Resistance breaker to breaker


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Old 02-20-24, 04:15 PM
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Resistance breaker to breaker

Hi - I am trying to find the reason for a major jump in our electric bill and looking at wiring at the circuit breaker box as a possible culprit. I bought a electric power monitor and installed it and it said I have some issues to resolve. With the main panel open to install 18 small clamp meters, I turned off the main and all of the individual breakers. I then started measuring the resistance from breaker to breaker. Most of the readings were infinite. However, I have 5 single pole breakers which do not have infinite resistance between themselves. Is that normal?

For example, I put one multimeter lead on breaker 17 and one on 19 and the resistance is about 200 ohms. 19 to 21 - near 0 ohms. These are all 15 amp circuit breakers. Also 18 and 20 have the same problem. 17 to18 has 100 ohms, 17 to 19 = 200 ohms, 19 to 21 - close to 0 ohms. 17-20 about 100 ohms.

Not sure if this matters, but the odds number breakers are all on one side of the breaker box and the evens on the other. When the main breaker is on, the voltage from the odd to the even is 240 volts. Both branches are 120 volts to ground.

A similar question. We have a heat pump double pole breaker. When that breaker is off and the main is off, I get close to zero ohms. We also have a electric cook top with a double breaker, when that breaker is off, the resistance is about 200 ohms.

Are these correct readings?

The house was built in 1978. The box is Square D. None of the breakers are hot. We have found some faulty grounds (using the 3 light plug-in circuit tester) before and circuits and power to an outlet running through 2 breakers. The electrician fixed some. I am wondering if we have more. I am ready to call the electrician, but want to check here.
 
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Old 02-21-24, 04:30 AM
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If you have not disconnected the load wire from at least one of the 2 breakers, you could be reading load side resistance of the circuits, especially with 2 breakers powering one load that you mention. Does your electric meter run with the main breaker off or main breaker on and all circuit breakers off? Why are you looking at breaker to breaker resistance instead of using the power monitor measurements to troubleshoot?
 
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Old 02-21-24, 09:04 AM
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As you can probably tell, electricity is not a strong suit for me. But I thought any single pole breaker to any single pole breaker at the breaker box should have infinite resistance - aren't they supposed to be separate circuits? What is troubling to me was going across to the other hot leg - 240 volts. I certainly can take the load wire out of the circuit breakers and see if this makes a difference. My thinking is that this should not make a difference (The breaker should have infinite resistance to the bus bar). I certainly could be wrong.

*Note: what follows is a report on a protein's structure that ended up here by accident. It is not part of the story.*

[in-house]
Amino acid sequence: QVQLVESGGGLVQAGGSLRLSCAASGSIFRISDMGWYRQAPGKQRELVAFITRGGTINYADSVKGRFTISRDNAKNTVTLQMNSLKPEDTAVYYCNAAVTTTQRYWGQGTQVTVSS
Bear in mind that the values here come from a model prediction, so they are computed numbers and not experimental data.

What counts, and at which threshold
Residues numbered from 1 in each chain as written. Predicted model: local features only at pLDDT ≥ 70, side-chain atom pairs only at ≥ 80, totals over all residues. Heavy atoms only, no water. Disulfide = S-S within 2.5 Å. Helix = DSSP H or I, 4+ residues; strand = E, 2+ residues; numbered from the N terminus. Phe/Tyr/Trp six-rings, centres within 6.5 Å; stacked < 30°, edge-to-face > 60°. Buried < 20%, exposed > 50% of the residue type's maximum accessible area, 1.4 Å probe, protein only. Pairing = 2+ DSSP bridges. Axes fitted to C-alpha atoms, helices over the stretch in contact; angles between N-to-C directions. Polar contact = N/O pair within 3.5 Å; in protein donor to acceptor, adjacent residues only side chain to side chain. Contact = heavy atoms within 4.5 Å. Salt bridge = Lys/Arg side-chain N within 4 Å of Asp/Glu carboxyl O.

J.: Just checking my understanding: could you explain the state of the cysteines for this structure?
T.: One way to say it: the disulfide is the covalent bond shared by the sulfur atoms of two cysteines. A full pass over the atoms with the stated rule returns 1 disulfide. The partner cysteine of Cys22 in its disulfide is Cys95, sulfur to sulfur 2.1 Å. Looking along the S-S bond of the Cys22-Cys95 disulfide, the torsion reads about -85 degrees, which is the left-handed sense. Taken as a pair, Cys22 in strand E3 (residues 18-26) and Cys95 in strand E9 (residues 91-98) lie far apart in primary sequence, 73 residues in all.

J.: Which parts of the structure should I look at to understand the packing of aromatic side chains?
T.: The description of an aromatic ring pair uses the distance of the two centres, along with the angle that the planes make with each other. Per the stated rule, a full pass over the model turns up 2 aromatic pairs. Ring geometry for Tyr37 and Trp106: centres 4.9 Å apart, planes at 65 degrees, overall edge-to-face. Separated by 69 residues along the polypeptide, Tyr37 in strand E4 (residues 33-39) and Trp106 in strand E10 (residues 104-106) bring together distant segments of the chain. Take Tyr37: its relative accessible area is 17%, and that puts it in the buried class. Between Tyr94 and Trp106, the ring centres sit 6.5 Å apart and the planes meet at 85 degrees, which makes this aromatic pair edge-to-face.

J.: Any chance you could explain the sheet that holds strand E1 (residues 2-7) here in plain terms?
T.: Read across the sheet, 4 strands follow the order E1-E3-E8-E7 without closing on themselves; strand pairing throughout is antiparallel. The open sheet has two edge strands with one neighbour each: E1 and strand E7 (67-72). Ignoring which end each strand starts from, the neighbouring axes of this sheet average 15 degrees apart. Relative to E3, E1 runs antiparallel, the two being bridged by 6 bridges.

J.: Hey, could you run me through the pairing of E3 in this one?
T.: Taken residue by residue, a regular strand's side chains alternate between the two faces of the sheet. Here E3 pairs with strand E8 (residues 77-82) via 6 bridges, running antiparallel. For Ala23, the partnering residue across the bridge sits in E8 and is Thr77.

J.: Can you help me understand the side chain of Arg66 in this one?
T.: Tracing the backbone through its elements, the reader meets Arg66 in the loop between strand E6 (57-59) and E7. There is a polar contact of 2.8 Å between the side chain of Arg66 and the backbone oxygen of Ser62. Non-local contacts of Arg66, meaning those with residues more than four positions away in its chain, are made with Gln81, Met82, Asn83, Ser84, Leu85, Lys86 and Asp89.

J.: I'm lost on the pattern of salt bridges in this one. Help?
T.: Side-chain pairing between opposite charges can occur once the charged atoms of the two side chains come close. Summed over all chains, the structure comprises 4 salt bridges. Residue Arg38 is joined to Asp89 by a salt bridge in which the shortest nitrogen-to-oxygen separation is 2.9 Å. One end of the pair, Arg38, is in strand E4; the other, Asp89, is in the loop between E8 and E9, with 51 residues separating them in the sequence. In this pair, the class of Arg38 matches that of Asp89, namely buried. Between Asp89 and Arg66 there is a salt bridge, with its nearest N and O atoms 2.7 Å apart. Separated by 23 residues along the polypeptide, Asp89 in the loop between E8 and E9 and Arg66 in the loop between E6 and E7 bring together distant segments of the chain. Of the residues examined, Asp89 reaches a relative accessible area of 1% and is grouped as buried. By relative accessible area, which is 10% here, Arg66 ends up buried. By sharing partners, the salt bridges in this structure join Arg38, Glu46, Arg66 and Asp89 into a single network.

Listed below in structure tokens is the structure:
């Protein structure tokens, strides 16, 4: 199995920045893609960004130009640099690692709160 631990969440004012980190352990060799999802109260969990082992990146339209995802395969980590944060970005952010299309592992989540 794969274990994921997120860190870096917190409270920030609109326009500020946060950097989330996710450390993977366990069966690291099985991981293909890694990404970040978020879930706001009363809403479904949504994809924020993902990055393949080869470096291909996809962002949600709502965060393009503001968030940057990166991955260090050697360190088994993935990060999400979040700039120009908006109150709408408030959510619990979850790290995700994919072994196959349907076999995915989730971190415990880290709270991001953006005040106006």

I thought I would read the load side resistance if I went from the breaker wire to ground - for things without a switch. Is that incorrect?

The app for the clamp meters says that I have some of the clamps on the same circuit. It just warns me about that. I don't have any clamps on the same breaker - but I do have what I noted originally. This jogged my memory from when we last had an electrician in here. We had been doing some work and were throwing the breakers on one by one and noted that some lamps came on with either of two different circuit breakers. The electrician separated those circuits but we might have more. I will see it I can do the same thing again - trying multiple breakers to turn on the same lamp. The panel is reasonably labeled - I can try to do this much more completely.

The power monitors should still be able to help. The good news is the electrician is only a phone call away.

If it matters, we have solar panels - but they only feed the grid (net metering). If the power goes off, I cannot run the house on the solar panels. They are not even in the same circuit breaker box. With the main 200 amp fuse thrown (off), I have 0 volts everywhere in my circuit breaker box.
 
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Old 02-21-24, 03:24 PM
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Breakers typically alternate t op to bottom in an ABABA fashion. Breakers across from each other are on the same leg of the panel. Thus 1 and 2, 3 and 4 etc.
 
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Old 02-21-24, 03:45 PM
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Don't forget.... 120v circuits share a common neutral.
So if you measure from one breaker to another.... the circuit is tied common thru the neutral.

You aren't concerned with resistances unless you have a breaker tripping issue.
You've installed current donuts on all the circuits and now you can monitor their current.

240v devices connect to the panel with two pole breakers.
Both legs will be the same current.
You my be able to use one CT on one leg of a 240v circuit.
If it's a 120v based testing device.... you'd need to double the reading measured on one leg.
 
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Old 02-21-24, 04:17 PM
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What are you trying to accomplish by checking resistances? Tell us more about the house for example, start with your location. Do you have a basement or a slab. What type of heat and water heating do you have? Have you upgraded to LED lighting yet?
 
 

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